‘Brexit uncertainty and flagging consumer confidence are showing up in increasingly soggy data, with inflation hitting lowered expectations this morning. Retailers are being forced into heavy discounting to persuade shoppers to open their wallets, offsetting the inflationary impact of the weaker Pound. Clothing was a notable drag.’

This news dragged on Sterling, which has already been unappealing this week as investors are concerned by news that both the UK and EU are ramping up preparation for a potential no-deal Brexit, amid concerns that a deal will not be passed by MPs.

Australian Dollar (AUD) Exchange Rates Slide as Commodities Weaken

Investors have sold the commodity-correlated Australian Dollar this week so far, despite hopes that US-China trade tensions are improving.

This is because recent economic data from China, Australia’s biggest trade partner, has indicated that the world’s second biggest economy is slowing. Concerns of slowing global growth have left investors hesitant to take risks.

On top of this, trade-correlated currencies were further dented by news of weakening commodity prices.

Prices of oil have slumped in recent sessions, briefly touching their worst levels all year amid concerns of oversupply and expectations of further price weakness into 2019.

Prices of iron ore, Australia’s most exported commodity, have also cooled this week following last week’s surge. This further dampened market demand for the Australian Dollar.

Pound to Australian Dollar (GBP/AUD) Investors Await Central Bank and Australian Job News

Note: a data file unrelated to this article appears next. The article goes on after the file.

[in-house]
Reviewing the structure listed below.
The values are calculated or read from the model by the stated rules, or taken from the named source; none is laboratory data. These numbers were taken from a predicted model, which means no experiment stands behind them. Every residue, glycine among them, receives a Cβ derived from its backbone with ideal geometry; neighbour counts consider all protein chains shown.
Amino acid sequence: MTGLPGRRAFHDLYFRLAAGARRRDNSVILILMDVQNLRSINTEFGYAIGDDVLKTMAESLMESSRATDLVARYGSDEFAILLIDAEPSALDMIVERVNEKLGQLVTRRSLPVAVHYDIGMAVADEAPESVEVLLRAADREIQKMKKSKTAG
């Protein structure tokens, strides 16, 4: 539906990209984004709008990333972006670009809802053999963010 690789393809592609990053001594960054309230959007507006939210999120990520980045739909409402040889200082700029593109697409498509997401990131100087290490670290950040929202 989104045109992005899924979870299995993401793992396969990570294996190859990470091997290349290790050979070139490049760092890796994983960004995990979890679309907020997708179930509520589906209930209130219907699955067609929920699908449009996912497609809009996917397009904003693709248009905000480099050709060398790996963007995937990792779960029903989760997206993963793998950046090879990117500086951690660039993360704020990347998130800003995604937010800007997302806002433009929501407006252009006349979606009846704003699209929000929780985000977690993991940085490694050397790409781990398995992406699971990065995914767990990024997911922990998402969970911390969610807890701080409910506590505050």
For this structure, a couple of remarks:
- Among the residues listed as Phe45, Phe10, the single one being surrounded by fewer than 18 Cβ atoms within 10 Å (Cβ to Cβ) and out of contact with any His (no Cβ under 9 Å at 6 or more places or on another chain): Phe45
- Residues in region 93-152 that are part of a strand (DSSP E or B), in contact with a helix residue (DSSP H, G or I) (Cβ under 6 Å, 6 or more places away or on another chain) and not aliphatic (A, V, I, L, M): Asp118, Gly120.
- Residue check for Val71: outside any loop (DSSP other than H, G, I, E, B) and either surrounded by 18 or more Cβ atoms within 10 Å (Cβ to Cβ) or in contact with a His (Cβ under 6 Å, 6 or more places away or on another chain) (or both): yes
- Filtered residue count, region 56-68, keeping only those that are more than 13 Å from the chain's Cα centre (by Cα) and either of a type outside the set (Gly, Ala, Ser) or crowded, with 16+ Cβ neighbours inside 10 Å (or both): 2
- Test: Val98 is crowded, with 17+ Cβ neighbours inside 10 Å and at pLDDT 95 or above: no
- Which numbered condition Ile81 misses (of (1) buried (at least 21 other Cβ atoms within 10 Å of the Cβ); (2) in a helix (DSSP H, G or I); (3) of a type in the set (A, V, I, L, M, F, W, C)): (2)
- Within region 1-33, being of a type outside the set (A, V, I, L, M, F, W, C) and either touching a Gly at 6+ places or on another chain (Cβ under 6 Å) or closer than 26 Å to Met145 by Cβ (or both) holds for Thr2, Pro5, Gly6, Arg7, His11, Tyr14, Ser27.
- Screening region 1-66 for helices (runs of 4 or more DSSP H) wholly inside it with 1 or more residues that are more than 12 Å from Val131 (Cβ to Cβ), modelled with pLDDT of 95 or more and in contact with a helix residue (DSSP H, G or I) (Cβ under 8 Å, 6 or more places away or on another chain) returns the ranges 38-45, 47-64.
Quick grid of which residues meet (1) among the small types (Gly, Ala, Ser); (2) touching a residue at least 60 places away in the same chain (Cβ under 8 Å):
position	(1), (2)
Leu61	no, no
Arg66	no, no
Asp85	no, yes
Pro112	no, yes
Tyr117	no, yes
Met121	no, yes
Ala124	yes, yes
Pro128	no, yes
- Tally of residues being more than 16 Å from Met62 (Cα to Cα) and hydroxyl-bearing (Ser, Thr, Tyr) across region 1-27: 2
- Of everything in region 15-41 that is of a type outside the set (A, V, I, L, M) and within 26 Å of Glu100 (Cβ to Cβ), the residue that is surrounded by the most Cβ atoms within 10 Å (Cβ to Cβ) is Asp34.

Brexit uncertainties are likely to persist in the coming sessions, which could mean a muted Pound (GBP) reaction to Thursday’s Bank of England (BoE) monetary policy decision.

The bank is not expected to make any changes to UK interest rates, and as the likelihood of a no-deal Brexit rises, the bank may be hesitant to give much of a 2019 policy outlook at all.

Following analyst speculation this week that UK inflation could slow further in the coming months, the bank’s UK inflation outlook could be slightly influential though. If the bank expects weaker UK inflation, the Pound may shed some of its gains.

Of course, the Australian Dollar (AUD) has been driving GBP/AUD movement so far this week and that is likely to continue.

Reaction to this evening’s Federal Reserve policy decision is likely to impact market demand for riskier trade-correlated currencies like the ‘Aussie’.

After that, Thursday’s Asian session will see the publication of Australia’s November job market report. Any stronger-than-expected Australian jobs data may knock the Pound to Australian Dollar (GBP/AUD) exchange rate lower towards the end of the week.

Josh Ferry Woodard

After leaving university in 2011 Josh briefly worked as a currency analyst in the South West of Cornwall. Josh continued monitoring the currency markets and publishing exchange rate analysis after moving to London in 2012, with a particular focus on the impact of economic and political stimuli on forex. Josh was a regular contributor to The Telegraph’s weekly currency feature for several years.

Contact Josh Ferry Woodard